After and before TDC the piston has what's called dwell time, during dwell time the piston moves very slowly relative to the middle of it's travel.

~14° ATDC is the best compromise between compression ratio, expansion volume, piston speed, and piston momentum, thus the ideal place to give a piston a push(especially important if you're trying to impress the girls at the race track).
The swing-aid-push (best point to push) is an excellent explanation PROSIT.

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On another note a very interesting bit of data from the graph shows jet ignition works better with better fuel vaporization, which is consistent with common sense and other studies. I wonder how much gains have come from further vaporizing fuel past the 500 bar injection limit. Using fuel heaters, acoustics, etc to aid atomization.

On another semi-related note, if rod ratio has any appreciable effect in this engine formula it's for engine harmonics and reducing friction more than anything else.
The height of cultivation is really nothing special. It is merely simplicity; the ability to express the utmost with the minimum. Mr.Lee

saviour stivala
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Re: Honda Power Unit Hardware & Software

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Formula 1 engines has always used/favored higher rod length to crank radius ratio, always used a ratio higher than 2.0:1 as opposed to what seems the preferred lower than 2.0:1 used for fast road engines.
The 18000RPM NA 2.4L V8 using a bore/stroke ratio of 2.46:1 were using a rod ratio of 2.56:1.
Longer rods with same stroke improves combustion efficiency and squeezes a little more power from mid-range to peak RPM. Also will reduce cylinder side forces, reduce the level of vibration inside engine, reduce coolant and oil temperatures. A longer rod makes more torque with same piston force and decreases friction.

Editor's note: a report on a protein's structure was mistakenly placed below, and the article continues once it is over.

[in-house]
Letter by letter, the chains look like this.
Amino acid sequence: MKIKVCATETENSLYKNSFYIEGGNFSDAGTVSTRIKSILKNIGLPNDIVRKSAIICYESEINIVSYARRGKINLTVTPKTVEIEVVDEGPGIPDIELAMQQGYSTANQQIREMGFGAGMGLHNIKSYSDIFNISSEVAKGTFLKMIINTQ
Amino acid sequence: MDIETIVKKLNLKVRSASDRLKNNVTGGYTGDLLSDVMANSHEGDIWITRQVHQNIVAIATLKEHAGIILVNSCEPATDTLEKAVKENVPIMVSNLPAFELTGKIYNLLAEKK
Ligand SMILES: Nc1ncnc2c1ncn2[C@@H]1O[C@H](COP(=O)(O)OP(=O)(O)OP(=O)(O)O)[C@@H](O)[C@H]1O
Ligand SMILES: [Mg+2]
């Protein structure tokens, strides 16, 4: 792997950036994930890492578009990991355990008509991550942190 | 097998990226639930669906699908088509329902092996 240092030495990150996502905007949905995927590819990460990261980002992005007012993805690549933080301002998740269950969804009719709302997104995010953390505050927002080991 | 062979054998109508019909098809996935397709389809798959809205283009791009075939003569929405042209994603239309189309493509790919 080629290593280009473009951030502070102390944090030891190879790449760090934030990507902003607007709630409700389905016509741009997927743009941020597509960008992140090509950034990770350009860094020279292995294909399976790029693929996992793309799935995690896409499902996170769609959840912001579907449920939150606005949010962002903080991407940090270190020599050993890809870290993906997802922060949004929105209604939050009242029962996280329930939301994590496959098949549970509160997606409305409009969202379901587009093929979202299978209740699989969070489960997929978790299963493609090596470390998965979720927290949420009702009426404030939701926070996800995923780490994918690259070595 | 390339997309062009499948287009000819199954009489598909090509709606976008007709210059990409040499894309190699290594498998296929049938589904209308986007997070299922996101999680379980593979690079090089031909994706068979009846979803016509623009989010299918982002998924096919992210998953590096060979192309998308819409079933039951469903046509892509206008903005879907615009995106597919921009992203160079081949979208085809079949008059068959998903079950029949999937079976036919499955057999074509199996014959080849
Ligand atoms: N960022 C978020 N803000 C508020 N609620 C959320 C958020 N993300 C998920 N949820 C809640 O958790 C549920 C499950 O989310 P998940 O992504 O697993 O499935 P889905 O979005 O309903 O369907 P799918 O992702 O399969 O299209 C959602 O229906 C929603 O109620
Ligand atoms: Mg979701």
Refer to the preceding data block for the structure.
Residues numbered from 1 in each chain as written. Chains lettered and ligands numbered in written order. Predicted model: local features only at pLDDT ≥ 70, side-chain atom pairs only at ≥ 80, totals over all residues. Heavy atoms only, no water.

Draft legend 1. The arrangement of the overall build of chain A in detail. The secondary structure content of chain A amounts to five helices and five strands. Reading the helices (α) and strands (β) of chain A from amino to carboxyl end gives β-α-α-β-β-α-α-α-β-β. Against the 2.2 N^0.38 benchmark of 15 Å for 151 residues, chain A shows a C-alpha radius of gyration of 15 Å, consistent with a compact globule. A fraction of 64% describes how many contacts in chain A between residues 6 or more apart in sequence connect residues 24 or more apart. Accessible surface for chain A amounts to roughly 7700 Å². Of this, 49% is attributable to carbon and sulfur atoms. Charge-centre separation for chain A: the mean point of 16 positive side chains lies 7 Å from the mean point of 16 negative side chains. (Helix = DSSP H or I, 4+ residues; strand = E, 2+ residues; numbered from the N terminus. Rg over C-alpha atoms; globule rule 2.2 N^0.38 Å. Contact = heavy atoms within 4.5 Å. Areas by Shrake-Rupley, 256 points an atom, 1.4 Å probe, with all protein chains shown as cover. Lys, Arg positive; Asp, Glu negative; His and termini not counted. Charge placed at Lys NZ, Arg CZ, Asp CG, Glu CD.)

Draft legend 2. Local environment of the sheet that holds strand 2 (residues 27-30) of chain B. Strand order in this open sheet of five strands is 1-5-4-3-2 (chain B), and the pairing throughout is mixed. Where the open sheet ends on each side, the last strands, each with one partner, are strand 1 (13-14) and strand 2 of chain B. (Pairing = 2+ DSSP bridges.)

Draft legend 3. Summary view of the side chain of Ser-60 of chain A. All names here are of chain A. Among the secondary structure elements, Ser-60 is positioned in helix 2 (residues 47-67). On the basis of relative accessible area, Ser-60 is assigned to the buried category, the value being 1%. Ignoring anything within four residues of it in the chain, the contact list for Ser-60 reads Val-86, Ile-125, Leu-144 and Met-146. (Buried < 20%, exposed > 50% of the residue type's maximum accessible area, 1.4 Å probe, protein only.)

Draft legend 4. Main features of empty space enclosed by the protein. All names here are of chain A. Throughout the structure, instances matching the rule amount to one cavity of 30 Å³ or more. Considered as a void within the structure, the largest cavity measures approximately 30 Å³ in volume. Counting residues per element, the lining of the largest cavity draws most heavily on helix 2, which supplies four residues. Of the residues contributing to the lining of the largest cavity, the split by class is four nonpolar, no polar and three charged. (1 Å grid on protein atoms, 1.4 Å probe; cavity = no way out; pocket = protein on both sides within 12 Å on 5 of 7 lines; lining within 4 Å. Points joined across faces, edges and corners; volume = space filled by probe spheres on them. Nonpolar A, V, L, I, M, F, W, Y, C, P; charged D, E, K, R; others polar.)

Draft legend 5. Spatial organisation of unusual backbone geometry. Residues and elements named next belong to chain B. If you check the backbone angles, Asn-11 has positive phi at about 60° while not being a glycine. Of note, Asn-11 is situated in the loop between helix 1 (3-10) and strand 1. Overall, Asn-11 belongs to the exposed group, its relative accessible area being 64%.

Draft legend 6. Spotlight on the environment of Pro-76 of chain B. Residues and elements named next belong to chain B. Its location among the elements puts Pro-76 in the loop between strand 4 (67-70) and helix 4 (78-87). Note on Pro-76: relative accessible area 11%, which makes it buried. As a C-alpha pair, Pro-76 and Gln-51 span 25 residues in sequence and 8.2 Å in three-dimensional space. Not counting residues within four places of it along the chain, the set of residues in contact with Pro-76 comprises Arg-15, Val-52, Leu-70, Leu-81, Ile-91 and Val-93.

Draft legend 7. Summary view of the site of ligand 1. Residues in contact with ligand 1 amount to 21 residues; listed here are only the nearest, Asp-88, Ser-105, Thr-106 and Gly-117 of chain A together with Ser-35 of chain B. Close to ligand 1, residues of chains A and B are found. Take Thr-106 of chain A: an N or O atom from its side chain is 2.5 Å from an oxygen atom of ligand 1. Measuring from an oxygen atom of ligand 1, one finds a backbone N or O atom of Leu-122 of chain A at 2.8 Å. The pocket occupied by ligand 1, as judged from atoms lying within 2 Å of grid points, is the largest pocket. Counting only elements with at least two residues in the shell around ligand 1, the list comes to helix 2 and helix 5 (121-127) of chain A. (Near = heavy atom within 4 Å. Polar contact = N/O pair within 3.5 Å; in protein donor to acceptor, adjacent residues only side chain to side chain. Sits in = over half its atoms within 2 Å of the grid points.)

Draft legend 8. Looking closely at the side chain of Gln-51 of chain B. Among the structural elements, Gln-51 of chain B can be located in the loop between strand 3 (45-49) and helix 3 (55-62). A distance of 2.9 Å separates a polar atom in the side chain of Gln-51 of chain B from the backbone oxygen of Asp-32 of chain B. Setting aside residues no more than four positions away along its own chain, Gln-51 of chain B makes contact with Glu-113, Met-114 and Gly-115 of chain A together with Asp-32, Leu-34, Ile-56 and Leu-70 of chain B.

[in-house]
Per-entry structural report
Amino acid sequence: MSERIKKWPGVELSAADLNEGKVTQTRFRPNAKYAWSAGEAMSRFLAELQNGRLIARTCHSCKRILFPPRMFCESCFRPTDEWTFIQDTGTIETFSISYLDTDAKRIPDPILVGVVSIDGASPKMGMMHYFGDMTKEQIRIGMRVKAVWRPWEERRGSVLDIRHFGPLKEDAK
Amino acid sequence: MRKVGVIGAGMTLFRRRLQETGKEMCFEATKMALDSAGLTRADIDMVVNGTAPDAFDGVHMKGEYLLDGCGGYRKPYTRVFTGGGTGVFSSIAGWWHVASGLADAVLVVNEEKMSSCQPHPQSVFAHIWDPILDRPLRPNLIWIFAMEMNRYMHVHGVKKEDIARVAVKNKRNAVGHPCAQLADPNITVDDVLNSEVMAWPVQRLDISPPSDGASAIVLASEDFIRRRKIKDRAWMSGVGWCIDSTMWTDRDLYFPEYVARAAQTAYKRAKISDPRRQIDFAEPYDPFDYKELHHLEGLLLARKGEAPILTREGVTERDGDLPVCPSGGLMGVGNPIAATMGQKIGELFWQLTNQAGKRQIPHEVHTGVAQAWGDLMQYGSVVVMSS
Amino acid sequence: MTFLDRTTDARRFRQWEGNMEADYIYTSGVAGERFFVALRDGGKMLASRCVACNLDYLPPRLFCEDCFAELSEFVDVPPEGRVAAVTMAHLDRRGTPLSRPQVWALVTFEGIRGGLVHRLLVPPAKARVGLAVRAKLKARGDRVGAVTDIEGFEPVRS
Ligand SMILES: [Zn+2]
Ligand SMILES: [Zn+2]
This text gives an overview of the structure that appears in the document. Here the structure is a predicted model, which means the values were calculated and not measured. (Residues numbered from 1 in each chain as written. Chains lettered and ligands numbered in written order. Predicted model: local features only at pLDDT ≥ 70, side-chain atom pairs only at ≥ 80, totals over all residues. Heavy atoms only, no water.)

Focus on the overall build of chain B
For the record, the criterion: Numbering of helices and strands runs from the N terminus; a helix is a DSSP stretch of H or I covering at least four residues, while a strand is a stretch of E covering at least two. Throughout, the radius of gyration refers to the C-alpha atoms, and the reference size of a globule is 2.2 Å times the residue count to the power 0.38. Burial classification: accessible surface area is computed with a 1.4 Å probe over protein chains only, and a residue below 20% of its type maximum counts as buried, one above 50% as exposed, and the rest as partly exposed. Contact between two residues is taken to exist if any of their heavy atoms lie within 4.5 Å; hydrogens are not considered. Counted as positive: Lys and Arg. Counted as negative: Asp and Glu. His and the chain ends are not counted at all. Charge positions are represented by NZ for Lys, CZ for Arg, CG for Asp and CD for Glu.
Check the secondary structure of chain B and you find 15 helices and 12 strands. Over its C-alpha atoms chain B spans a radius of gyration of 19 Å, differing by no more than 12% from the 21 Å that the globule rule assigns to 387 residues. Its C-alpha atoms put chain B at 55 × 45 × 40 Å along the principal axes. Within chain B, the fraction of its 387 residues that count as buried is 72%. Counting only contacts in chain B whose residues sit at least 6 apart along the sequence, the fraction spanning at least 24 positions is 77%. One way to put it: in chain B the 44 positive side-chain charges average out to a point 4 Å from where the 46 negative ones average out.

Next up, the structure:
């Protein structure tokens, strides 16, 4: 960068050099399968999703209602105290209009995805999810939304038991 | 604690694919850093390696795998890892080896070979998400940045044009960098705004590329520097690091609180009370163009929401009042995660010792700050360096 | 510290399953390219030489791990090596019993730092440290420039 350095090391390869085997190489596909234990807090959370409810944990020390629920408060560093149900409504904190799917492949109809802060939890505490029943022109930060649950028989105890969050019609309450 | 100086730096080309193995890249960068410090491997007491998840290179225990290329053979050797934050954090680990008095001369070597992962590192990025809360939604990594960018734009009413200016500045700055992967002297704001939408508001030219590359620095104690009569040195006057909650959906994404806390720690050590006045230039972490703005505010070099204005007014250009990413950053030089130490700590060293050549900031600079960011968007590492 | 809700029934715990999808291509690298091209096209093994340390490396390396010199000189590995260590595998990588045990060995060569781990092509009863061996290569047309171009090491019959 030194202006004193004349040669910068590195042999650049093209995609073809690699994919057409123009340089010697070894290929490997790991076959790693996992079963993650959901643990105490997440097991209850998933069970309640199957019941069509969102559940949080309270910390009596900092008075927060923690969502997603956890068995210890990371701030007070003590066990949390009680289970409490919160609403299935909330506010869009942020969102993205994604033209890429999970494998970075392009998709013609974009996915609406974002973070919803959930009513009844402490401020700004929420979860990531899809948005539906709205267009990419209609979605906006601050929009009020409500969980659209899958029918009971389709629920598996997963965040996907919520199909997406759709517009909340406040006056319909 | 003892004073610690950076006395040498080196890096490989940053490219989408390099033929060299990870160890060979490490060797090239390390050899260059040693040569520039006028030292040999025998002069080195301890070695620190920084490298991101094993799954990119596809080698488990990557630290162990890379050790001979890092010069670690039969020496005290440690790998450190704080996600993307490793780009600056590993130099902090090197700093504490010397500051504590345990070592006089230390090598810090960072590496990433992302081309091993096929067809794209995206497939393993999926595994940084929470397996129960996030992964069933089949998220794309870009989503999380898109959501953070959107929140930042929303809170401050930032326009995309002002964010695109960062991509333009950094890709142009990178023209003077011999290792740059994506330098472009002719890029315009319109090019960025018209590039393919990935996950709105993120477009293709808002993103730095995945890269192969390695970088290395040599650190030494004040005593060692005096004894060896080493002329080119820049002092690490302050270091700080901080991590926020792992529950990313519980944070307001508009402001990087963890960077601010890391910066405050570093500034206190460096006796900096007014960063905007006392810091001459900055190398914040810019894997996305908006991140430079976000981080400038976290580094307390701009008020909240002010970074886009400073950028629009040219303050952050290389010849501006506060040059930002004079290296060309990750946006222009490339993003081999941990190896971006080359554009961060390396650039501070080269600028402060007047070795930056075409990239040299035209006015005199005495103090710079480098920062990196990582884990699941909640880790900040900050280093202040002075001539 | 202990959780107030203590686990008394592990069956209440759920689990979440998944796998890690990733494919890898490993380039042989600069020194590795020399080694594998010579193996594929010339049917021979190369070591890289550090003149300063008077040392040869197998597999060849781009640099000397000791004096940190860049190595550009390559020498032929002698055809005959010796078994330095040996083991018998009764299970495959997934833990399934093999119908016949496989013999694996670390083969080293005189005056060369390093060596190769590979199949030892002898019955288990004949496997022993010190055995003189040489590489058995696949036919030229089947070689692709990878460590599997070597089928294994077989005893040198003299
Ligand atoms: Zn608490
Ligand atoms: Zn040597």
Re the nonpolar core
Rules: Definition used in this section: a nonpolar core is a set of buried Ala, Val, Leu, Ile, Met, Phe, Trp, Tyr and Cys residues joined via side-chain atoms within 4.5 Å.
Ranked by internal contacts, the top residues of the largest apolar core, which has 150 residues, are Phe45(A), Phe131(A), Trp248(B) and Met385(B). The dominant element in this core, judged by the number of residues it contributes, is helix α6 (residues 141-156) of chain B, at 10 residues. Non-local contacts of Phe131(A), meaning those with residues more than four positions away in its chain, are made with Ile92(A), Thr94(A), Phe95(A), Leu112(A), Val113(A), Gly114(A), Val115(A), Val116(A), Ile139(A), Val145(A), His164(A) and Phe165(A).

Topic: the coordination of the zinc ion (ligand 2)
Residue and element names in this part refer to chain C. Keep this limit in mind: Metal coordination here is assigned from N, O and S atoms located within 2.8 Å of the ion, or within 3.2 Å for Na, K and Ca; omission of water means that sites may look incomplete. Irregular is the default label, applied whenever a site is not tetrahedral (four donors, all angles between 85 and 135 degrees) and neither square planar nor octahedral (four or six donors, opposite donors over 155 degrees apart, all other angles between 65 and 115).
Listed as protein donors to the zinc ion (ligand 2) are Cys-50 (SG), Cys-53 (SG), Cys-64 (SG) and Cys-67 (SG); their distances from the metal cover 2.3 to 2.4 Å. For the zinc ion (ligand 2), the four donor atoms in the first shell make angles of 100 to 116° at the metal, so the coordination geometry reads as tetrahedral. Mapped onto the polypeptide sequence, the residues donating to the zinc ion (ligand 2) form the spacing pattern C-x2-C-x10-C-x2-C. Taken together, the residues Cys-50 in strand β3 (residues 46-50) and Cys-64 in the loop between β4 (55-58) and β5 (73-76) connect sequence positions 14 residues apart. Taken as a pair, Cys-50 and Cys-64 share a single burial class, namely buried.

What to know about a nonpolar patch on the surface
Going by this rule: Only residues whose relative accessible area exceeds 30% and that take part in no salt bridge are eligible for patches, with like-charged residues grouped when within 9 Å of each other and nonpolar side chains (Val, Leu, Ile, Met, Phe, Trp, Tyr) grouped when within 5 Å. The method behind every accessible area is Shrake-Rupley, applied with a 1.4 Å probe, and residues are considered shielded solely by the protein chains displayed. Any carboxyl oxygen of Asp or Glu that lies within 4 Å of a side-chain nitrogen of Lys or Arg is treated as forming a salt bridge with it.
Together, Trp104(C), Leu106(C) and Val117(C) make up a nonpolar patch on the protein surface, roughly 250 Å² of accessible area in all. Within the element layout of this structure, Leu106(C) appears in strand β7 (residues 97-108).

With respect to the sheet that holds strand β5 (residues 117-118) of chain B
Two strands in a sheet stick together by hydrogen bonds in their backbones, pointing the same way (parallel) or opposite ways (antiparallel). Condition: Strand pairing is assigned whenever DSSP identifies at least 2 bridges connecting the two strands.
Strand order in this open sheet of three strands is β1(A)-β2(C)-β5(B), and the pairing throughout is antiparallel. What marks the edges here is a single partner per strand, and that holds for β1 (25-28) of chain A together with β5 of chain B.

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Re: Honda Power Unit Hardware & Software

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didn't the NA engine freeze (just where MB/Ilmor had reached) in effect freeze the RR at a conservative value ?
the high RR (for a given rpm) gives less piston acceleration and so less stress and longer engine life
the low RR gives a lighter lower engine and so better aero

before special fast-burning fuels that made very high rpm worthwhile some top F1 engines mep was improved by low RRs
low RR (not high RR) alleviating combustion speed/consistency issues
though ring behaviour eg flutter may be critically affected by piston acceleration and so discourage low RRs
Peugeot V10s once used a ring that fluttered below race rpm but the driver Mr Brundle said he wasn't told (it blew on the grid)

isn't RR rather insignificant to F1 now ?
GG's plots from the Attard book seem to show that combustion speed with such leaning (or vice-versa) is important

gruntguru
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Re: Honda Power Unit Hardware & Software

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saviour stivala wrote: